You can glean a lot from a culture by how it remembers its dead.
In our corner of California, most ghost stories involve unlucky prospectors, victims of frontier justice and thousands of lives swallowed by the cholera epidemics that shadowed the valley’s hardest days. Traces of these lost voices are thought to be drifting in our oldest saloons, our time-worn hotels, our lonely, rain-beaten cemeteries. The ghost stories of the American West are usually about tragic remembrance, and Memento Mori – that reminder of our own inevitable date with the end.
But that’s not the case in other parts of the world. I came to understand this a few years ago in Italy, mainly while taking a nighttime ghost tour of Venice.
Venice after sundown is the perfect place to chase macabre memories: It’s a jagged stone-scape of candle-cluttered windows and torches flickering over ancient waterways – its scenes casting a spell like no other corner of the Old World.
Our group’s guide, Giandrea, was a native Venetian. She eagerly ushered away us from the crowds at Rialto Square and ducked down a crumbling corridor that led to footbridges draping silent, shadowed canals. She paused at Santa Maria Gloriosa dei Frari, a 13th-century church of sandy stone with bone-marble spires cutting into the fog. It was at this very square in the 1500s that a nearby mansion caught fire over a canal. The mansion’s owner ran outside, screaming that his 7-year-old daughter was trapped in the blaze. As the story goes, a crafty merchant of Venice assured the father that he would rescue his child. However, after the merchant made his seemingly heroic entrance into the chaos, he abandoned all effort to look for the girl and began filling his robe with silver and gold finery. As smoldering sections of the ceiling collapsed, the merchant jumped out a window into the canal, where he immediately sank to the bottom and drowned. Ironically, he was over-weighed by his plunder of stolen treasures.
“If you are in this square at midnight,” Giandrea warned us, “the merchant will appear to you, walking in flames.” Her voice softened for a moment. “He will ask you to take him inside the church and pray for his soul. It is said that if someone will take him into the church and pray for his soul, he will cease to be on fire, and finally find peace.”
Giandrea moved her eyes across us: “But if you see him, don’t pray for him!” she suddenly thundered. “He let that poor little child die in the fire! He doesn’t deserve your help! Let him burn! Let him burn!”
It took a few moments for that admonishment to set in while Giandrea was leading us to the next stop. That was the Basilica di San Giovanni e Paolo, an eerie crimson edifice towering over the sky-blackened lagoon waves. This is the site where Marino Faliero, the 55th Doge of Venice, is buried in an unmarked stone sarcophagus. In the old Venetian Republic, a doge was a religiously anointed emperor. In 1355, Faliero, acting as Doge, secretly tried to betray Venice to its rival enemies. He very nearly cost the floating city its independence. He was promptly beheaded in Saint Mark’s Square. Our guide informed us that, as punishment, the traitorous doge had been buried with his head between his legs.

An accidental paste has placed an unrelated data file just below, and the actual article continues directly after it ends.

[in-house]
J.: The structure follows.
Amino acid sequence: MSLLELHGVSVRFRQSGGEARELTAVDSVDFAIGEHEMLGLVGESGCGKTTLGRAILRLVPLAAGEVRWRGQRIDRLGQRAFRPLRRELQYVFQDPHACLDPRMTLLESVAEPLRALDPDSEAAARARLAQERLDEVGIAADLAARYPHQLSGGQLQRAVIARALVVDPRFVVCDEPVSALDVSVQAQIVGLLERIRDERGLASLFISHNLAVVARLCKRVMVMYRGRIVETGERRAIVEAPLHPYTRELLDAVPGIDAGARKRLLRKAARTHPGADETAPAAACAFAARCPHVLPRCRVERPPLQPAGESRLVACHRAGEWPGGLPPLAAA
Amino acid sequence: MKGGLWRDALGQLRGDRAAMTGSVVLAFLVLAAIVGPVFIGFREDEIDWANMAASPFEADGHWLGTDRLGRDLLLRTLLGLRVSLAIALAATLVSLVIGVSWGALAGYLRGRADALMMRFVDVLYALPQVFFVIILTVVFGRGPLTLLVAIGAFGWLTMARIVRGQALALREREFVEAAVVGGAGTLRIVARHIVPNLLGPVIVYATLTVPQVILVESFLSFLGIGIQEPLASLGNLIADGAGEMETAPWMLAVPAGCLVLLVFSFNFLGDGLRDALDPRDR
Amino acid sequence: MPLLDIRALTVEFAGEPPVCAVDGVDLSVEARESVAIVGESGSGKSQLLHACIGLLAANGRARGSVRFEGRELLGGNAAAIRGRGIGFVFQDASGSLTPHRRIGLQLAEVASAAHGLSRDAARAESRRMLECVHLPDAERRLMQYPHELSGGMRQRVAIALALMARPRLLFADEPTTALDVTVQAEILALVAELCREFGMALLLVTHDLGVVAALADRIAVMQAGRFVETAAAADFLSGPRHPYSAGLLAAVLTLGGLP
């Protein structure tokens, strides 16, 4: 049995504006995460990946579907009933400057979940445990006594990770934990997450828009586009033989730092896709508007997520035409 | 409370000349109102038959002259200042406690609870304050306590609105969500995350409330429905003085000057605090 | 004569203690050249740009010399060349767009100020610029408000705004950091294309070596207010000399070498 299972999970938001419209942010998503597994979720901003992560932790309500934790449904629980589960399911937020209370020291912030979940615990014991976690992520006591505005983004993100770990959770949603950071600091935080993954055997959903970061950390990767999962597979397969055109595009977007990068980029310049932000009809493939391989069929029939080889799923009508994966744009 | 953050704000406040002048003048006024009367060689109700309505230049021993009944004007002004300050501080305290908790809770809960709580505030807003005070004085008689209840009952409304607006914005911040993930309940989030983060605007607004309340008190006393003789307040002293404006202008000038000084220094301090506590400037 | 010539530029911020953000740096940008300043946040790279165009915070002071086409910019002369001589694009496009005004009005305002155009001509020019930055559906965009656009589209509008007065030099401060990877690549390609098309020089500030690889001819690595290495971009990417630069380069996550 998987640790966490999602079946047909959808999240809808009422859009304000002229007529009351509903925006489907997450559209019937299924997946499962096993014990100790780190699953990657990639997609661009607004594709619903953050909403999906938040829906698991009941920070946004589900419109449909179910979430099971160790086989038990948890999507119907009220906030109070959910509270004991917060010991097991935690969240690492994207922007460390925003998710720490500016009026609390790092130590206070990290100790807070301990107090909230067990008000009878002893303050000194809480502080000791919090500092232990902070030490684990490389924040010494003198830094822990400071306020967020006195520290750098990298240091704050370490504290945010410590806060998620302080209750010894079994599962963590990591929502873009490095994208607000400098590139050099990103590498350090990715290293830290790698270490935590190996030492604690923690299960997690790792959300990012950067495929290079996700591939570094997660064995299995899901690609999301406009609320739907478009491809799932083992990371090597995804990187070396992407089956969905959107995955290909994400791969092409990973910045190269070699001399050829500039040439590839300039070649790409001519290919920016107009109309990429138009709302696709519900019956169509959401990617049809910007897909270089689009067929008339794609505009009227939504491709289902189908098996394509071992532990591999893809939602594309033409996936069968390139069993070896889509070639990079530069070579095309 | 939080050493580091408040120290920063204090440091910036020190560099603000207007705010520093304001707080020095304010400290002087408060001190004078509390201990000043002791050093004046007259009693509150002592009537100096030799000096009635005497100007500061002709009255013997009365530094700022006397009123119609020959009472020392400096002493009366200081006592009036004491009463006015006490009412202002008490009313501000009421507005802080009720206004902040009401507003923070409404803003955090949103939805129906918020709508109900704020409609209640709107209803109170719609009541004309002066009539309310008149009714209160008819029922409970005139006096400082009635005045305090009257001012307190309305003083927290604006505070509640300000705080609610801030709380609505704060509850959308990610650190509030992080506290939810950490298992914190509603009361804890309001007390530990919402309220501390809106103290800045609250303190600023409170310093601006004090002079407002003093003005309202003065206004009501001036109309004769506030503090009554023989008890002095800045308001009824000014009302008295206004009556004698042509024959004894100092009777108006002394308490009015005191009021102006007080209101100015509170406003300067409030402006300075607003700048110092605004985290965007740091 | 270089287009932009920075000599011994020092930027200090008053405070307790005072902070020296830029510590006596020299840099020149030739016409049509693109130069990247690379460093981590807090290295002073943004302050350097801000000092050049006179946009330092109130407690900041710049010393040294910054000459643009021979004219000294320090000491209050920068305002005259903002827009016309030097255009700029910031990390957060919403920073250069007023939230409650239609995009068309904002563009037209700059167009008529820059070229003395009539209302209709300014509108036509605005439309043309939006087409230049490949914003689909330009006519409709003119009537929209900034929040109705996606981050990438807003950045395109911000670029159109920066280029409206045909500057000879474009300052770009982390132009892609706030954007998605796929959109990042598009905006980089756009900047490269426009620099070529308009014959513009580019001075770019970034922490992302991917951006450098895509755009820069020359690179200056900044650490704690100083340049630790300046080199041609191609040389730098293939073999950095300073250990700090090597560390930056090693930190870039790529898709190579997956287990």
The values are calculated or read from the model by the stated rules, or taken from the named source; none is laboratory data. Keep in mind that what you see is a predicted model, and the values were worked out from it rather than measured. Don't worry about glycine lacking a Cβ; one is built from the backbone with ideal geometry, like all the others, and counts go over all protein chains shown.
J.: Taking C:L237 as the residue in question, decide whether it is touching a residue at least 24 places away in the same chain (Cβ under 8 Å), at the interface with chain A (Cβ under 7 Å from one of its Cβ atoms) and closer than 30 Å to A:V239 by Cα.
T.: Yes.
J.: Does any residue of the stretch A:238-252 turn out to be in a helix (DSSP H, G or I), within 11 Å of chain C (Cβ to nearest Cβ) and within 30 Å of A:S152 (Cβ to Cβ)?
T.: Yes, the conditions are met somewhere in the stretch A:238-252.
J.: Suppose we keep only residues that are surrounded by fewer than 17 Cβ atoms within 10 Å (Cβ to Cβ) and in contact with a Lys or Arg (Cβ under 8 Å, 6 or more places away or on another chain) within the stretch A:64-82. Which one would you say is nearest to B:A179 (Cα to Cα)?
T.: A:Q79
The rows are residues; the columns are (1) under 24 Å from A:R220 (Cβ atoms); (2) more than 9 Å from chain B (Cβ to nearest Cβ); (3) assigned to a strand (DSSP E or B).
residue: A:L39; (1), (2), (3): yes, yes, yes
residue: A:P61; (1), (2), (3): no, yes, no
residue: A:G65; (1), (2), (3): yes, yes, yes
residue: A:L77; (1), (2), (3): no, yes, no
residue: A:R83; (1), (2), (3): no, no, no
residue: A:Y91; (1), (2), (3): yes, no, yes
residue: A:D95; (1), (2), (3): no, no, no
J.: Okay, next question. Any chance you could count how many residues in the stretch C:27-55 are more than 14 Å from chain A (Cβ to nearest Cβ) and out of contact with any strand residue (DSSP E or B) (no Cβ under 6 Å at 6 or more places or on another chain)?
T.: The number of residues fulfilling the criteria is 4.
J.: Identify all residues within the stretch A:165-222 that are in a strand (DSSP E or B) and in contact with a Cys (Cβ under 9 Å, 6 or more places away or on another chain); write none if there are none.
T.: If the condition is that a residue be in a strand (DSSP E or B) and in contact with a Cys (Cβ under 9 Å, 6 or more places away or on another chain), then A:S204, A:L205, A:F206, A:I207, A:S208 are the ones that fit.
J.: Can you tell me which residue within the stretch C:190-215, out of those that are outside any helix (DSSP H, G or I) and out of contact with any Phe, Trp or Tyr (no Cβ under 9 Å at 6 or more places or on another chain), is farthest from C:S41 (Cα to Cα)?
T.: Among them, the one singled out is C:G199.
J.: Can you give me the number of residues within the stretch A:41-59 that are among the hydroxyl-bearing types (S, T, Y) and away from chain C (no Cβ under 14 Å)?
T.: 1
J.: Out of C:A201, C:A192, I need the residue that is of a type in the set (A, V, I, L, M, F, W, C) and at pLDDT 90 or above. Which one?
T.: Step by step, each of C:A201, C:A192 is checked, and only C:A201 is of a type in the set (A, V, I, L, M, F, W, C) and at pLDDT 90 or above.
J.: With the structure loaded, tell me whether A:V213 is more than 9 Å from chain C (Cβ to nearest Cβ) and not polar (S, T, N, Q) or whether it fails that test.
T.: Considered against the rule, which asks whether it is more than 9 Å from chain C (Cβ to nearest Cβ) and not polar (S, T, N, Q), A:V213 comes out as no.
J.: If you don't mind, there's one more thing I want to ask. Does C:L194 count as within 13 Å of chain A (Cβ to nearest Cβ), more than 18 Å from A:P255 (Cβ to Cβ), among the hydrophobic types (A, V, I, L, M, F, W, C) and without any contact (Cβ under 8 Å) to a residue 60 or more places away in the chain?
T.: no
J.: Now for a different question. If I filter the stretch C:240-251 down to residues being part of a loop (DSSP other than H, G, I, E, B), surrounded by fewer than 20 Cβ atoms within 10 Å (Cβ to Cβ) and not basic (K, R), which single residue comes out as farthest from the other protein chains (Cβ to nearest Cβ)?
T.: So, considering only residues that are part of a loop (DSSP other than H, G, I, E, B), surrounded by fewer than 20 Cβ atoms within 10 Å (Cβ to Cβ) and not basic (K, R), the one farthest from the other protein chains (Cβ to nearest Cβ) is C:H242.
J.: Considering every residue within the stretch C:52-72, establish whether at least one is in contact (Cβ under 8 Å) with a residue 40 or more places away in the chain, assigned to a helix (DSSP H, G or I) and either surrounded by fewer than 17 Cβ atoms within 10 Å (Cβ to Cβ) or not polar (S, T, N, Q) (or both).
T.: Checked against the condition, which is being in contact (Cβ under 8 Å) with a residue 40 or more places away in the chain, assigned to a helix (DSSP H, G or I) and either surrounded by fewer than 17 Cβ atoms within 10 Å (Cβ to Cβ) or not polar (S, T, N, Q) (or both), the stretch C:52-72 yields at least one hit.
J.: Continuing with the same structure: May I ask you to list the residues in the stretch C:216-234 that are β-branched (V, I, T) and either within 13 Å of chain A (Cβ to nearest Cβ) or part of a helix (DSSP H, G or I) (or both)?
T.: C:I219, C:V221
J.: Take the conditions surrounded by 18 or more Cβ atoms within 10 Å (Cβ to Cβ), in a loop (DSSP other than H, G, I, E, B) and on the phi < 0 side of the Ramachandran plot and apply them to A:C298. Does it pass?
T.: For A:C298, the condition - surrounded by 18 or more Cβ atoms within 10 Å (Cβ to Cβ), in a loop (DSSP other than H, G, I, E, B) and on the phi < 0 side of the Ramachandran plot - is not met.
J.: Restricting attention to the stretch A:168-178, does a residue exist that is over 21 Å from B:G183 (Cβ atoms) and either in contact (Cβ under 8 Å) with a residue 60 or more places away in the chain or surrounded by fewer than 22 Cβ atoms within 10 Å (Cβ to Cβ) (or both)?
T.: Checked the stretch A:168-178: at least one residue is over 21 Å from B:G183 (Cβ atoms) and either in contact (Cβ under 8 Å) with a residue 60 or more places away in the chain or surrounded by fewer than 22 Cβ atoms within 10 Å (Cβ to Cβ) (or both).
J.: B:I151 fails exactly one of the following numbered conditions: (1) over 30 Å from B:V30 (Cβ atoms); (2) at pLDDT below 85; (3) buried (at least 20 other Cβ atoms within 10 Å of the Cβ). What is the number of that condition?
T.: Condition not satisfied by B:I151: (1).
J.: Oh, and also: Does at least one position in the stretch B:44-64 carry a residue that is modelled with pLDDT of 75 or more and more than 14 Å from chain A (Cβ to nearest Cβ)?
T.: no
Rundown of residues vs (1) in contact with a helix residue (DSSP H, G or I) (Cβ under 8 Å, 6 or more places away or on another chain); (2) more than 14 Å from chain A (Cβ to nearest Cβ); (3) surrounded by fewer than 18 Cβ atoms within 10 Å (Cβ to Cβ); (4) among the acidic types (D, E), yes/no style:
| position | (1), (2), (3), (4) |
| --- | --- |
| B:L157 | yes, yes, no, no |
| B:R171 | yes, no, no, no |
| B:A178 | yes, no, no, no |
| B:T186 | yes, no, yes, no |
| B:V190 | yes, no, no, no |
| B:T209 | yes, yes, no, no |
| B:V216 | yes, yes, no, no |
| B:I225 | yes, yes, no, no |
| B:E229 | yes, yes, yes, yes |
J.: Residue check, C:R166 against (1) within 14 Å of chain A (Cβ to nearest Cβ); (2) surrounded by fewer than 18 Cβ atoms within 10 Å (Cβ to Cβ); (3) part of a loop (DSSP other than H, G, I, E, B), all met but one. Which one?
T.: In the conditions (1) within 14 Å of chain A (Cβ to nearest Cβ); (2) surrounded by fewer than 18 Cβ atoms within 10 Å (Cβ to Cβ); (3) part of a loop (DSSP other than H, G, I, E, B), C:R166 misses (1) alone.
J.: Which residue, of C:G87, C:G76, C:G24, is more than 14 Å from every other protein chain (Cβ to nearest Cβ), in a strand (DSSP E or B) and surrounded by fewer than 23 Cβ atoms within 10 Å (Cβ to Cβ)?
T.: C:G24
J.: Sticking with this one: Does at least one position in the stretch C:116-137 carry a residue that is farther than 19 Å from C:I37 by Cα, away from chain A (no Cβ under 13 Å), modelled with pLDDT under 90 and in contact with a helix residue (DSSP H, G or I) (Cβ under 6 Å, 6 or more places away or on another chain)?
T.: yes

“If you come near his tomb late at night, you will see Faliero’s headless body wandering,” Giandrea observed. “His disembodied voice begs for strangers to tell him where to find his skull, which is the only thing that can bring him rest.”
She took a reverent pause as we contemplated this. Then Giandrea blurted, “But for God’s sake, if you see him, don’t tell him where the head is! He disgraced our city for centuries! He doesn’t deserve your help! Let him wander! Let him wander!”
The last stop involved a similar story about a Byzantine salt trader who’d been turned into marble because he was cheating widows out of money. The trader’s tale ended with another emphatic command from Giandrea to not lend assistance to the suffering spirit.
I realized that Venetians take a certain pride in the perpetual punishments inflicted on their ghosts – and they never let a lapse of sympathy on their own part ruin some exquisite cycles of torture. In California, we’re sure that our wandering dead are failed dreamers; in Venice, they’re worried that theirs are escaping schemers. Perhaps it’s the difference between a non-indigenous culture that’s only existed for 172 years and a water-bound fortress city that has endured for fifteen hundred. As bad as things can seem in California sometimes, the empathy embedded deep in our ghost stories suggest that we’re still very much in our dreaming phase.
Scott Thomas Anderson also writes and produces the documentary podcast series on travel and culture, ‘Drinkers with Writing Problems’